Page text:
A BDMRR working group has been established to advise the Minister on making things better under the current legislation, should the bill not pass into law.
Buy our beautiful ''We Belong'' transgender flag bunting and show your support for trans and intersex people.
With just 5 minutes, you can be part of making a massive difference for the legal protection of some very marginalised people, who often don't get listened to. The timeframe is tight, so we have developed this easy to understand information and 3 point submission guideline, so you can have your voice heard.
Te reo Maori: Kaua e wareware kia okioki, a hoa. Te reo Pakeha (English): Don't forget to rest, my friend.
All about the BDMRR Bill and changing gender markers on birth certificates
Many trans people are passionate about equality, which can lead them to join community groups, unions, or protests. This pamphlet gives legal information for trans people interacting with Police and the criminal justice system when protesting.
As a progressive country, New Zealand prides itself on being world leaders in human rights - from votes for women, to decriminalisation of sex work, equal rights is a strong part of how kiwis see themselves. But a small handful of anti-trans extremists, or 'Trans Exclusionary Radical Feminists' are attacking the human rights of transgender people, with a focus on transgender women.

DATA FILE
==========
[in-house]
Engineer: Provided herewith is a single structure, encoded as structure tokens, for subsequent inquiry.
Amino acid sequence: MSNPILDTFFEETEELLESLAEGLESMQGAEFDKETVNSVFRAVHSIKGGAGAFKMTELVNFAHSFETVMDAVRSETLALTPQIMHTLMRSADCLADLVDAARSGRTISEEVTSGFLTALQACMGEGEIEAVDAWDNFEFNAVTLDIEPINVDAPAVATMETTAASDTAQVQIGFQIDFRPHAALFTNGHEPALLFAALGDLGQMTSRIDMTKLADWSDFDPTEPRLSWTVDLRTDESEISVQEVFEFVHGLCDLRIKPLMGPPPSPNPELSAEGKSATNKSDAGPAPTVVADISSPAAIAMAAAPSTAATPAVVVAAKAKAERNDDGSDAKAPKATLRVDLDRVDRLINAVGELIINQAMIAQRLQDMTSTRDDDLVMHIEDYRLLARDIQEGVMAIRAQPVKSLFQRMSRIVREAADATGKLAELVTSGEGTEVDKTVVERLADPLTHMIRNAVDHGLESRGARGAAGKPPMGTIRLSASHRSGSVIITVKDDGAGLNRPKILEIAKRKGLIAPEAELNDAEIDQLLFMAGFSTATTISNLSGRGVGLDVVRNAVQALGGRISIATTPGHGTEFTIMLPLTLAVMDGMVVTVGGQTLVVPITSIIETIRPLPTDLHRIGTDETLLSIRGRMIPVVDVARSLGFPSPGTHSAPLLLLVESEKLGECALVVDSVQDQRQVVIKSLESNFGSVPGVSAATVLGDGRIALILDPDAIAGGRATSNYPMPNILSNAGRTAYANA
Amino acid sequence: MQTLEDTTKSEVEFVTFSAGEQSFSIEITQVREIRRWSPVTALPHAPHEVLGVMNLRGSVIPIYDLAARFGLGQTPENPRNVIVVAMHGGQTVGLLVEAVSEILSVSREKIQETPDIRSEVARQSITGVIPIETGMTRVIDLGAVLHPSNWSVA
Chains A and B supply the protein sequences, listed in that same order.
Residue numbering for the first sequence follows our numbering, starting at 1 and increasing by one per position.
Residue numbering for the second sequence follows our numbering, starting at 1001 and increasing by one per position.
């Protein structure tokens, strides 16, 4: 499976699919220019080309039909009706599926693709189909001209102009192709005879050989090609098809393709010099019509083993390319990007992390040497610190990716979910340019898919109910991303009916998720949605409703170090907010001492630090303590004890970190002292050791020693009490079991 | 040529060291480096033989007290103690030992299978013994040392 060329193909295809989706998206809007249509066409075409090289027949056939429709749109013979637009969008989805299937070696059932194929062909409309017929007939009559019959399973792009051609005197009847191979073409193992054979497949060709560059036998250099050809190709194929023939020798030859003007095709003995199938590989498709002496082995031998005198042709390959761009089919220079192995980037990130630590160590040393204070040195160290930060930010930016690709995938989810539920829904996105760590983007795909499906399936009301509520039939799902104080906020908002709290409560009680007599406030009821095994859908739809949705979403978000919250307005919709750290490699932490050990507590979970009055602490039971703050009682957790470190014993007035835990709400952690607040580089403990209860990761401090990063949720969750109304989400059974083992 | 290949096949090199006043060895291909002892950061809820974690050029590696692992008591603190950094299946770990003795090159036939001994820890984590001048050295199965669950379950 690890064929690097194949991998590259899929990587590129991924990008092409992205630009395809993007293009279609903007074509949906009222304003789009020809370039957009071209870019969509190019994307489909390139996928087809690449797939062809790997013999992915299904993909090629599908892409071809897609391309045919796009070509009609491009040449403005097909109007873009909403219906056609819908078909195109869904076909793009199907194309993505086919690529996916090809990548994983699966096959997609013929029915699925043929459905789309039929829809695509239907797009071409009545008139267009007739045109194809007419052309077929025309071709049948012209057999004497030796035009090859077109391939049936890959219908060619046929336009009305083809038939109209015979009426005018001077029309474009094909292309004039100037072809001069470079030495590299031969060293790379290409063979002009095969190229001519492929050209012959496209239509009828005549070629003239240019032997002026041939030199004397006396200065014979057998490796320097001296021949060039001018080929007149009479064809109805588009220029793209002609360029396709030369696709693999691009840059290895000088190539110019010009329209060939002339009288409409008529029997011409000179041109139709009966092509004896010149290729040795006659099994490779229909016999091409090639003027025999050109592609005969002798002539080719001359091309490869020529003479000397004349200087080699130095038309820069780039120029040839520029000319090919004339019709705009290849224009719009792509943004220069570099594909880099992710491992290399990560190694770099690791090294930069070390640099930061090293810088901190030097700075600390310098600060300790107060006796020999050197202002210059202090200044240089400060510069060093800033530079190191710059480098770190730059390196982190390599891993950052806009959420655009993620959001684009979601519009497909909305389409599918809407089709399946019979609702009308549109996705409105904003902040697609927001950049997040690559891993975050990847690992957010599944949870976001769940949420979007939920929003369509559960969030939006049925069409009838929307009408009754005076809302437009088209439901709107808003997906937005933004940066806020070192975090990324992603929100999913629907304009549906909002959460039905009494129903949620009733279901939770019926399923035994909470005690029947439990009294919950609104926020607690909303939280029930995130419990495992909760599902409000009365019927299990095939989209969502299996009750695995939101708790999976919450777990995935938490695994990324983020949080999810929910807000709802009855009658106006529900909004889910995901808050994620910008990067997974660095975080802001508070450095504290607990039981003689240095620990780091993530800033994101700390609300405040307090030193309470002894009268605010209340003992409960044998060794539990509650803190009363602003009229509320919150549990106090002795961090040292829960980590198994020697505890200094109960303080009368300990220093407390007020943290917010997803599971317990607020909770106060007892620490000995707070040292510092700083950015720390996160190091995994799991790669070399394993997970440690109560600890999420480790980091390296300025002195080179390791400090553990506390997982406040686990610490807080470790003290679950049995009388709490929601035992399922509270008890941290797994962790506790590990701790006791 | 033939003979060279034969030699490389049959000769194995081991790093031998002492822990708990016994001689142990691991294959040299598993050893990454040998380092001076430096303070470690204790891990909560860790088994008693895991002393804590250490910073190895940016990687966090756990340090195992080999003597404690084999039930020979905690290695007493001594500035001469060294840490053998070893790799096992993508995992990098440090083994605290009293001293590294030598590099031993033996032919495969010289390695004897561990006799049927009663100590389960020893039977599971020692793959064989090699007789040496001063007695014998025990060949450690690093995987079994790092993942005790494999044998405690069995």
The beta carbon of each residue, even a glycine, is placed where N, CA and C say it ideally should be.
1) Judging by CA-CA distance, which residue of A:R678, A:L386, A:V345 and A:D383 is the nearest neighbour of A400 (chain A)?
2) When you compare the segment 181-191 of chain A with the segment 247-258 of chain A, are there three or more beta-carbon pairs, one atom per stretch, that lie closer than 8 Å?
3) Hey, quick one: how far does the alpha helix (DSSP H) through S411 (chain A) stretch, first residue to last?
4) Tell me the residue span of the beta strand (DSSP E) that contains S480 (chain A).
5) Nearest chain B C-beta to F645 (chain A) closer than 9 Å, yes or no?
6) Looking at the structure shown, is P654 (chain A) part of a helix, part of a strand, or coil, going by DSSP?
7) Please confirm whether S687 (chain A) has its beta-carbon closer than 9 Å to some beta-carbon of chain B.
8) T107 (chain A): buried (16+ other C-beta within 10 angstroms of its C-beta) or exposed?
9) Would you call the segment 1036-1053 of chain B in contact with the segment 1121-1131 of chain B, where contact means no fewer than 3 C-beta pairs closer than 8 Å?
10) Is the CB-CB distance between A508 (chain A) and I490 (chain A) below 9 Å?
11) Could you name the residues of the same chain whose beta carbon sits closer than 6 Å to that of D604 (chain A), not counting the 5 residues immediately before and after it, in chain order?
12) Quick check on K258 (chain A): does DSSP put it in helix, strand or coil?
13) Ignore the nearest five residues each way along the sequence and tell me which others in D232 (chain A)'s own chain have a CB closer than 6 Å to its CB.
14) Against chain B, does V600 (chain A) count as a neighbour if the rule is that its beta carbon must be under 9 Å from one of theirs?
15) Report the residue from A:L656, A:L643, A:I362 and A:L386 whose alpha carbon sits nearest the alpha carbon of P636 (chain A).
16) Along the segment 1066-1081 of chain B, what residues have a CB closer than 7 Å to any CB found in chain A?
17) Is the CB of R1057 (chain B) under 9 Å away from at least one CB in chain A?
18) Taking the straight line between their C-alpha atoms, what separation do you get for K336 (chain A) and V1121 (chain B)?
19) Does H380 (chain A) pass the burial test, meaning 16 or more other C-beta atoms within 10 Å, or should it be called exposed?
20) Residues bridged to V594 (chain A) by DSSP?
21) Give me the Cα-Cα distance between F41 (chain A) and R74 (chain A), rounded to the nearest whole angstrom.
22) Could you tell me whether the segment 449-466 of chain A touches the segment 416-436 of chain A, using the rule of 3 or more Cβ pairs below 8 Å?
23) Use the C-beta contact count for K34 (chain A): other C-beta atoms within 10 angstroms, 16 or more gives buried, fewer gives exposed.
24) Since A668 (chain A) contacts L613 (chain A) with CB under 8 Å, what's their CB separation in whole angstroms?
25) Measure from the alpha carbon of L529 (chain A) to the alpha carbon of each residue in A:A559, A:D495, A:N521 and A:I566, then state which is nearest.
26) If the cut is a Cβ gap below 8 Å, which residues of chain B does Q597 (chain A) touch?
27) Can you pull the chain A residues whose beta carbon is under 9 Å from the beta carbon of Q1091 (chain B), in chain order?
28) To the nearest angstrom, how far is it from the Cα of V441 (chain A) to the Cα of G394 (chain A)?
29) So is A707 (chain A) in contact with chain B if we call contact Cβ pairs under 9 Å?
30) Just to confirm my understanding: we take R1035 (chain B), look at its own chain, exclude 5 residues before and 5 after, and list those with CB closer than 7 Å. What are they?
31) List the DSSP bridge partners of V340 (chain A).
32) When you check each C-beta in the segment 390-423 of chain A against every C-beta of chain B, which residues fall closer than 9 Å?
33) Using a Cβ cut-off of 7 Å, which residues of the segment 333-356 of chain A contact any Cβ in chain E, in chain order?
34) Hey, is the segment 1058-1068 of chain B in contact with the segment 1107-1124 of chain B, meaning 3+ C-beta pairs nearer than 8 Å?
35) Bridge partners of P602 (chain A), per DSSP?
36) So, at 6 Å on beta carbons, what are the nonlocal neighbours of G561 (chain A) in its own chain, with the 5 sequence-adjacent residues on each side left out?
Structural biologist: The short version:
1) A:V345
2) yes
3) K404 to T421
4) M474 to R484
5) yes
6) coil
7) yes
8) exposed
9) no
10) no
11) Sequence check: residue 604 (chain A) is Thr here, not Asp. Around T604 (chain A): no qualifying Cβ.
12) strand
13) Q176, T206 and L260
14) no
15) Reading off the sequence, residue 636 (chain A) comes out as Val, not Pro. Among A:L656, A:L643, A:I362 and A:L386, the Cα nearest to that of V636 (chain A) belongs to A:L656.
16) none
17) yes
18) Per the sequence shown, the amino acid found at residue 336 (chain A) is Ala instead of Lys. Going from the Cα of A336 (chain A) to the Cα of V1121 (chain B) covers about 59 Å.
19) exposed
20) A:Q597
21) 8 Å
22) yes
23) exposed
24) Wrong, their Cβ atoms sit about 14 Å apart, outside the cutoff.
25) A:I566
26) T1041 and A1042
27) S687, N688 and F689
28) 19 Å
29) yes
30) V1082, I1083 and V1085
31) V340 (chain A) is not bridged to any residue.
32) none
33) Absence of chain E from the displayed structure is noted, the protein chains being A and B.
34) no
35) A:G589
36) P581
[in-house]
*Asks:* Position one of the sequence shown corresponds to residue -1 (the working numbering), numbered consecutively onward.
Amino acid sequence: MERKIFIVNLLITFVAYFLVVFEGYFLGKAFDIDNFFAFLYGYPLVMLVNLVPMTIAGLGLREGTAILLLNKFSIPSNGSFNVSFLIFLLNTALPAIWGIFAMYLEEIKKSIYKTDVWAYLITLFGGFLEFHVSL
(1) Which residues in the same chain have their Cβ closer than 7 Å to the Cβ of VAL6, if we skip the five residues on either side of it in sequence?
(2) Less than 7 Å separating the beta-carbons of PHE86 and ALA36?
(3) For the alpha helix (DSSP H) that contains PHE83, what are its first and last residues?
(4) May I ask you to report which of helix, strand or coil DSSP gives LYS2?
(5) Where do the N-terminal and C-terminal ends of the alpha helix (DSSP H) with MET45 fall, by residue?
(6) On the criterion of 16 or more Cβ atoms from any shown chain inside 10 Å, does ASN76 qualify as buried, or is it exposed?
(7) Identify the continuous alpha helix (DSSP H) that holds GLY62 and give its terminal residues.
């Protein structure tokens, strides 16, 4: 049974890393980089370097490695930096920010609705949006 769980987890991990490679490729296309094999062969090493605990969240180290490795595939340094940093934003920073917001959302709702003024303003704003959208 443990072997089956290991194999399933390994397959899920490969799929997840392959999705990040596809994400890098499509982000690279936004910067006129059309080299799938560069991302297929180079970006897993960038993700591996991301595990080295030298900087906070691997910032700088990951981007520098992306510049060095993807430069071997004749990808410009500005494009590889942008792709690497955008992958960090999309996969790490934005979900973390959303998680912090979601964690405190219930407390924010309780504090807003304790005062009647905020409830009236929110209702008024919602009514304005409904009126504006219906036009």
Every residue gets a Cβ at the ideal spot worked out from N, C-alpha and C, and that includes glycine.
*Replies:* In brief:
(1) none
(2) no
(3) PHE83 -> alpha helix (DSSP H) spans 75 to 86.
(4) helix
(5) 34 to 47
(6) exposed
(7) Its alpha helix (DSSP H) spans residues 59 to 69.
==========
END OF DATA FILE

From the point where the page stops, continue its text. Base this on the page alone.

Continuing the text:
The BDMRRA is due for it's 2nd reading very soon - the exact date is unknown. At this stage, the public have an opportunity to debate the issues and tell MPs what they think. Please contact your local MPs and talk with them, tell them what you think, give them your personal stories.
Please take time this weekend to fill in the Counting Ourselves survey that we helped to develop, so we have large scale national data on takataapui, trans, and intersex people's health.
Today’s announced changes to the process for amending gender markers on birth certifciates are welcomed by takatāpui, trans and non-binary people. “This small but significant change will make it fairer for those in our communities, who do not have the resources to use the existing Family Court process,” said Sally Dellow.